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No. I've read the county regulations. There are mainly only laws with disturbing other homeowners land. Anyways, I'm only moving the water further along where it naturally travels on our properties. It will eventually end up in the street, where it does naturally. Can we discuss the plans and the material I am questioning?
 
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Old 03-10-16, 05:06 PM
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Can we discuss the plans and the material I am questioning?
Yes, I thought that it was good idea to make sure that you didn't do all that work & spend money, for nothing.

I looked that the pdf that you linked. I don't know why that system would be any better than the using round flexible 4" pipe sold at Home Depot. If you used the perforated pipe, not all of the water will reach the street which is ok. It's your choice.
 
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Old 03-10-16, 05:33 PM
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...I looked that the pdf that you linked. I don't know why that system would be any better than the using round flexible 4" pipe sold at Home Depot. If you used the perforated pipe, not all of the water will reach the street which is ok. It's your choice.
Greater permeability. Reduced ability to clog. Easier installation. I don't think you looked very hard. This will act the same as the perforated pipe. It is an open piece of plastic, a wall with studs, wrapped in a geotextile of some kind.

It kinda looks like:
|-
|-
|-
|-

Then wrapped up, making it rectangular.
 
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Old 03-10-16, 06:23 PM
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Greater permeability. Reduced ability to clog. Easier installation.
Sorry but it doesn't impress me as innovative. It should work & the installation may be easier but that's about it. If you feel that it's a better deal, go for it. How does the price match with the pipe that I mentioned?
 
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Old 03-11-16, 05:36 AM
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It is $200 for a 165' roll. A little less than 2x the cost when compared to the crappy corrugated stuff (if not this J-DRain stuff, I'd use rigid pipe with the holes which would cost more). There is also no rock to fuss with and easier trenching. Less time installing, where time = money of course. Amount of sand needed is < amount of rock needed for both types of perforated pipe = cost savings as well.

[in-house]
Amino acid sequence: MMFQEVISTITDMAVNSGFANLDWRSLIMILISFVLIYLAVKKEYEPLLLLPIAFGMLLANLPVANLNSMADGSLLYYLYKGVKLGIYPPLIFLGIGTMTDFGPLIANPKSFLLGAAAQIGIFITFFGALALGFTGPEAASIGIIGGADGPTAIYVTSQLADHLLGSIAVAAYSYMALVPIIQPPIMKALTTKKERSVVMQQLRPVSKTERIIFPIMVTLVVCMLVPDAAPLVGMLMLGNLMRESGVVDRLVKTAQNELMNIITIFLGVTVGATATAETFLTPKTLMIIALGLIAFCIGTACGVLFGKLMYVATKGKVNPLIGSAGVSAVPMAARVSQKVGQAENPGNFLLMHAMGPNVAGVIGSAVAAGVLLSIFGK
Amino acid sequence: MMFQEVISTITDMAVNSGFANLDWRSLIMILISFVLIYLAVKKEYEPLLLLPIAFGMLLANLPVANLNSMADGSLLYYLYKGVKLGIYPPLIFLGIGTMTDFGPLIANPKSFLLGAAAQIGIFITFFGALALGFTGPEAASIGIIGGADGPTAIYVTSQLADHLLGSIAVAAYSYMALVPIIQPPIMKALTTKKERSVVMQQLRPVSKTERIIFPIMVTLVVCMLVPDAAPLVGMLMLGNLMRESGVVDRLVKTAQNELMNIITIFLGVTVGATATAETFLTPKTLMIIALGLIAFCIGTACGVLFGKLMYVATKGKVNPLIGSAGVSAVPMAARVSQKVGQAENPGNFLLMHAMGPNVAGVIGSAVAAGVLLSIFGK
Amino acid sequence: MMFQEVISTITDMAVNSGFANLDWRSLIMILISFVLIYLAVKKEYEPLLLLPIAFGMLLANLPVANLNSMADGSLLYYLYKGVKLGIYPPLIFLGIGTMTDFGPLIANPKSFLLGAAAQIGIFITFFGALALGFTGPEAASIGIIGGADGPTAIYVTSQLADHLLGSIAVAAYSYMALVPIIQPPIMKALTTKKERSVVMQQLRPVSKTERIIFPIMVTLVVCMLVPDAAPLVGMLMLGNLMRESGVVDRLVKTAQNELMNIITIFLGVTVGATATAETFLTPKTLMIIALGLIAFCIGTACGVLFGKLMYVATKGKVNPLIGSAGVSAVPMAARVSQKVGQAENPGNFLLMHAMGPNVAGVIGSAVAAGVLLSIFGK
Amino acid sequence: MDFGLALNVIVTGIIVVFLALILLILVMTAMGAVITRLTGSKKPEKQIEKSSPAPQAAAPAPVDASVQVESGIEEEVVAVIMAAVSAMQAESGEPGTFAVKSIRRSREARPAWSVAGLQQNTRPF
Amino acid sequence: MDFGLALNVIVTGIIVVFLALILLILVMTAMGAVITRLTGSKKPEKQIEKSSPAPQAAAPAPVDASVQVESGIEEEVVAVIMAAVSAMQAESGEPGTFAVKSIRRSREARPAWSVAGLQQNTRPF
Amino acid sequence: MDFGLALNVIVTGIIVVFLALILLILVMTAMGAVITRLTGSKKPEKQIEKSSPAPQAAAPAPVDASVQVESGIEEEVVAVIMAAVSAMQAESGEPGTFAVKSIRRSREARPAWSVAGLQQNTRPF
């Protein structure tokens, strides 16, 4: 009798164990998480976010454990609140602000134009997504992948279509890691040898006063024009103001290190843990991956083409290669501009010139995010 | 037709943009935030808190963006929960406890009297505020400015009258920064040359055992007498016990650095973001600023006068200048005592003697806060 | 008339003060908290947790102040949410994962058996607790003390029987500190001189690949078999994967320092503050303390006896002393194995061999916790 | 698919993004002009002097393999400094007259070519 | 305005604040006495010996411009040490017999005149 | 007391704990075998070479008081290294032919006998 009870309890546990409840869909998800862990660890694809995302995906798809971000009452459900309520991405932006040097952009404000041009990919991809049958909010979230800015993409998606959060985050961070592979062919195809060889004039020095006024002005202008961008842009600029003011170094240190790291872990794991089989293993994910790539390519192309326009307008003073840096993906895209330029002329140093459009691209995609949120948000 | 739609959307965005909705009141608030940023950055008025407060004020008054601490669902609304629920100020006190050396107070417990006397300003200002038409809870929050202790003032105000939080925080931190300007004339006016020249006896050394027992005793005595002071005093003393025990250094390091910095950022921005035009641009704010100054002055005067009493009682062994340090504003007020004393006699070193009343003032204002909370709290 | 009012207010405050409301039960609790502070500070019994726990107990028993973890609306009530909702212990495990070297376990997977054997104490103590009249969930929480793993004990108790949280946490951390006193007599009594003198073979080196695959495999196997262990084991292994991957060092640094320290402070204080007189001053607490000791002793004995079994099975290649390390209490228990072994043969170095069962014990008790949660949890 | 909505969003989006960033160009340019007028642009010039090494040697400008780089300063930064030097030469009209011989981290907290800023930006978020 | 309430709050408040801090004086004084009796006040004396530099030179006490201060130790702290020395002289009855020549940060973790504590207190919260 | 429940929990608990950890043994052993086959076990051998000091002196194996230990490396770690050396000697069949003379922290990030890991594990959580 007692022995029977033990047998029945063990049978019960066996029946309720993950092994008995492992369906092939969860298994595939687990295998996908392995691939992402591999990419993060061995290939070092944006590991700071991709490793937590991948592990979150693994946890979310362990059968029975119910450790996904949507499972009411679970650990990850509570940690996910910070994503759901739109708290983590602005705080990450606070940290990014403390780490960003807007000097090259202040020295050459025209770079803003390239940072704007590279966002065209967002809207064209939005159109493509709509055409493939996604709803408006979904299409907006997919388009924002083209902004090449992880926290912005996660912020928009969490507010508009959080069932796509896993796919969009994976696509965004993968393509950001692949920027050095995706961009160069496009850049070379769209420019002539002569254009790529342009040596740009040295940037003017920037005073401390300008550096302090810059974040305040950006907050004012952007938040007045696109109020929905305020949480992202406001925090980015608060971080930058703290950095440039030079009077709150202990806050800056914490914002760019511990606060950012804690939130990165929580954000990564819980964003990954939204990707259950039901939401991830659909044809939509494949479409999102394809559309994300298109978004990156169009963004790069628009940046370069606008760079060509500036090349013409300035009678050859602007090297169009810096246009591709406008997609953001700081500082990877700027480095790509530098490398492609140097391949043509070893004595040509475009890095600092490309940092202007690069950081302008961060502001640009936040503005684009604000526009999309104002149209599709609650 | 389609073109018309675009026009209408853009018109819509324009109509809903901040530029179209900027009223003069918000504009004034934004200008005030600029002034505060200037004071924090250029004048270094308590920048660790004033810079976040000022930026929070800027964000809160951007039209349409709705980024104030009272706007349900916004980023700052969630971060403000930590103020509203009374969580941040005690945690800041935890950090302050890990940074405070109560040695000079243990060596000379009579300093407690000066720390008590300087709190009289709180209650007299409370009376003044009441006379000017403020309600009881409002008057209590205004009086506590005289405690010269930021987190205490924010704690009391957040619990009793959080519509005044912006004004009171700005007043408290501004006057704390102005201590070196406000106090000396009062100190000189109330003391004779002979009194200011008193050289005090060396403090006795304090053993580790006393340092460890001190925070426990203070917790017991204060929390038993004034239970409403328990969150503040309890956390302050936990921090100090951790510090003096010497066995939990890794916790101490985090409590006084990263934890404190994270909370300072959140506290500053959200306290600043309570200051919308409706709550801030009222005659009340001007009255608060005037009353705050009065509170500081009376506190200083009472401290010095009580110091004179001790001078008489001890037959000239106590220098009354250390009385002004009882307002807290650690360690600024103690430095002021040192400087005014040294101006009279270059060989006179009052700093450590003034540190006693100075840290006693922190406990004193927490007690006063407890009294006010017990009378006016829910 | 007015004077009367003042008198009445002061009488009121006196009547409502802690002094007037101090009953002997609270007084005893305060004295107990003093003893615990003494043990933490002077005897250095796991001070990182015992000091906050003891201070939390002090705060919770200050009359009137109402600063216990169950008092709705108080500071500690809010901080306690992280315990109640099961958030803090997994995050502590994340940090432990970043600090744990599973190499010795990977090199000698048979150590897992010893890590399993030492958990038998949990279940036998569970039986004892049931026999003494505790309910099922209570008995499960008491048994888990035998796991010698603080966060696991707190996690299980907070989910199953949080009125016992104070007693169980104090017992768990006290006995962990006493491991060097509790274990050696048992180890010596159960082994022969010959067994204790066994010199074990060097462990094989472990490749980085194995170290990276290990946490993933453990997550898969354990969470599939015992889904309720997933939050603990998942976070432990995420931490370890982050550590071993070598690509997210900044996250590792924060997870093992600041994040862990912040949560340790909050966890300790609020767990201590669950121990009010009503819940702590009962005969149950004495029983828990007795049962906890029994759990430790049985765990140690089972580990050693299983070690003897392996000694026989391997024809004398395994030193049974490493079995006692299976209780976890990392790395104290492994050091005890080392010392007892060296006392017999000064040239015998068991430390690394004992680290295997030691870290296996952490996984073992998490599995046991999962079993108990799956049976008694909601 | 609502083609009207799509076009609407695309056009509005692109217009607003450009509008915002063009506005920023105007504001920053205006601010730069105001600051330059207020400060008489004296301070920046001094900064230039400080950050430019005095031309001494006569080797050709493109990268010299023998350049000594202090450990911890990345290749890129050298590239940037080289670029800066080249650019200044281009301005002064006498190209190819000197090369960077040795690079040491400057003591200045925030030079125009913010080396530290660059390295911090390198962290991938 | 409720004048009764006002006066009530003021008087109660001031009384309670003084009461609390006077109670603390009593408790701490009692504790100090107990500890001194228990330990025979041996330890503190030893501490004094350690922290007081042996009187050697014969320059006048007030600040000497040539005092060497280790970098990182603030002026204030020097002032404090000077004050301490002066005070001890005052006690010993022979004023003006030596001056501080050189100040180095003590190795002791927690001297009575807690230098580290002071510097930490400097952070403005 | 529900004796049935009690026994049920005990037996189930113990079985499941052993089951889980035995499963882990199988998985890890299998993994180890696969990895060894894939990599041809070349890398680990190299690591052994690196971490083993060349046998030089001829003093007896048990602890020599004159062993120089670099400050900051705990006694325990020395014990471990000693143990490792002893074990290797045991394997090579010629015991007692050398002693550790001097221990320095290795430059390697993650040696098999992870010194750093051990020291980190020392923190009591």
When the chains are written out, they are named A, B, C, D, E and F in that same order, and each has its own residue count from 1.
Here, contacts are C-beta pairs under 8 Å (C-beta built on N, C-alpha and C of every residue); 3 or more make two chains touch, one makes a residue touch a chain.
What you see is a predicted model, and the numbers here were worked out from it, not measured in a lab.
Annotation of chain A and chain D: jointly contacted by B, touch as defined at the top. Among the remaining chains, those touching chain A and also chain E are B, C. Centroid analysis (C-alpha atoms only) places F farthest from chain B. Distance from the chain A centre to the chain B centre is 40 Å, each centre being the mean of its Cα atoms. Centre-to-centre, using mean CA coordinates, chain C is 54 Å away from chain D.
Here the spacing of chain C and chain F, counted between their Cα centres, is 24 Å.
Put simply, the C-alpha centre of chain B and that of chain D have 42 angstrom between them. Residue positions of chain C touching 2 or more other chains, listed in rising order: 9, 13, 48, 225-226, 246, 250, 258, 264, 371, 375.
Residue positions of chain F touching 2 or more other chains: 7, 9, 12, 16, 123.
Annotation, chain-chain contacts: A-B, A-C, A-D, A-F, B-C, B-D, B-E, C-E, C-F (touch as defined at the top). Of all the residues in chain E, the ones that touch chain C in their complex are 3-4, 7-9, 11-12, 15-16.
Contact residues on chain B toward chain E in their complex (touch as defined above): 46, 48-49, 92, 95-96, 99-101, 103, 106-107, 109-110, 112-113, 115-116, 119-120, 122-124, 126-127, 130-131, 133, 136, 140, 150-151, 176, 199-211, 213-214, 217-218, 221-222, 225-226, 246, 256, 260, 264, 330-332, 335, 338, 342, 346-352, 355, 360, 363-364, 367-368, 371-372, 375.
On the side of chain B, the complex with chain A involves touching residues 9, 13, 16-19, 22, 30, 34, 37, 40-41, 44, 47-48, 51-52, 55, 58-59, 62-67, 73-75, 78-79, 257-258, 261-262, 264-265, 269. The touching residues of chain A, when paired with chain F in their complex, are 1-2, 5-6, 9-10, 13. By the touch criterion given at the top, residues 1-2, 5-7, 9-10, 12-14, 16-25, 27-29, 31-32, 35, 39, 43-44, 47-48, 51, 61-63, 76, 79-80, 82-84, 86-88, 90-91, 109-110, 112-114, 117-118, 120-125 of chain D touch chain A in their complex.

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Old 03-11-16, 07:22 AM
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Ok, go for it. I would use that before rigid pipe.
 
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Old 03-11-16, 07:36 AM
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The problem with the J-Drain is it appears impossible to clear if/when it does clog. A regular 4" pipe can be easily sleeved. They even make sleeves just for that purpose. If it ever does clog it's easy to clean out like any other sewer or drain line. And, a round pipe has the maximum area inside for the flow of water especially compared to a tall thin rectangle.
 
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Old 03-11-16, 10:00 AM
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The problem with the J-Drain is it appears impossible to clear if/when it does clog.
This is my only hesitation. That is also one of a few reasons why I'd use perforated rigid over perforated congregated pipe. From my research though, the pipe rarely clogs compared to the frequency of the filter cloth clogging. And I would be able to snake the main trunk in my design, as it is solid pipe, if crap enters from the basin. I've also found that professional organizations (like National Contract Management Association) are now against the use of pipe socks for clogging reasons with clay soils.
 
  #14  
Old 03-11-16, 12:25 PM
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Yea, I don't use pipe socks. I bury the perforated pipe in clean gravel and put in clean outs just in case.
 
  #15  
Old 03-13-16, 05:32 PM
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Has there been anyone on here with a positive or negative experience with these strip drains?
 
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Old 03-22-16, 07:27 AM
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Does the silence indicate that there have been no accounts of anyone applying a product like this?
 
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Old 03-22-16, 08:56 AM
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I honestly don't see the fascination or benefit of that product over other more traditional drainage methods.
 
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Old 03-22-16, 10:13 AM
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Yep, I would say the silence is due to none of us having used the product. To me, that's deafening.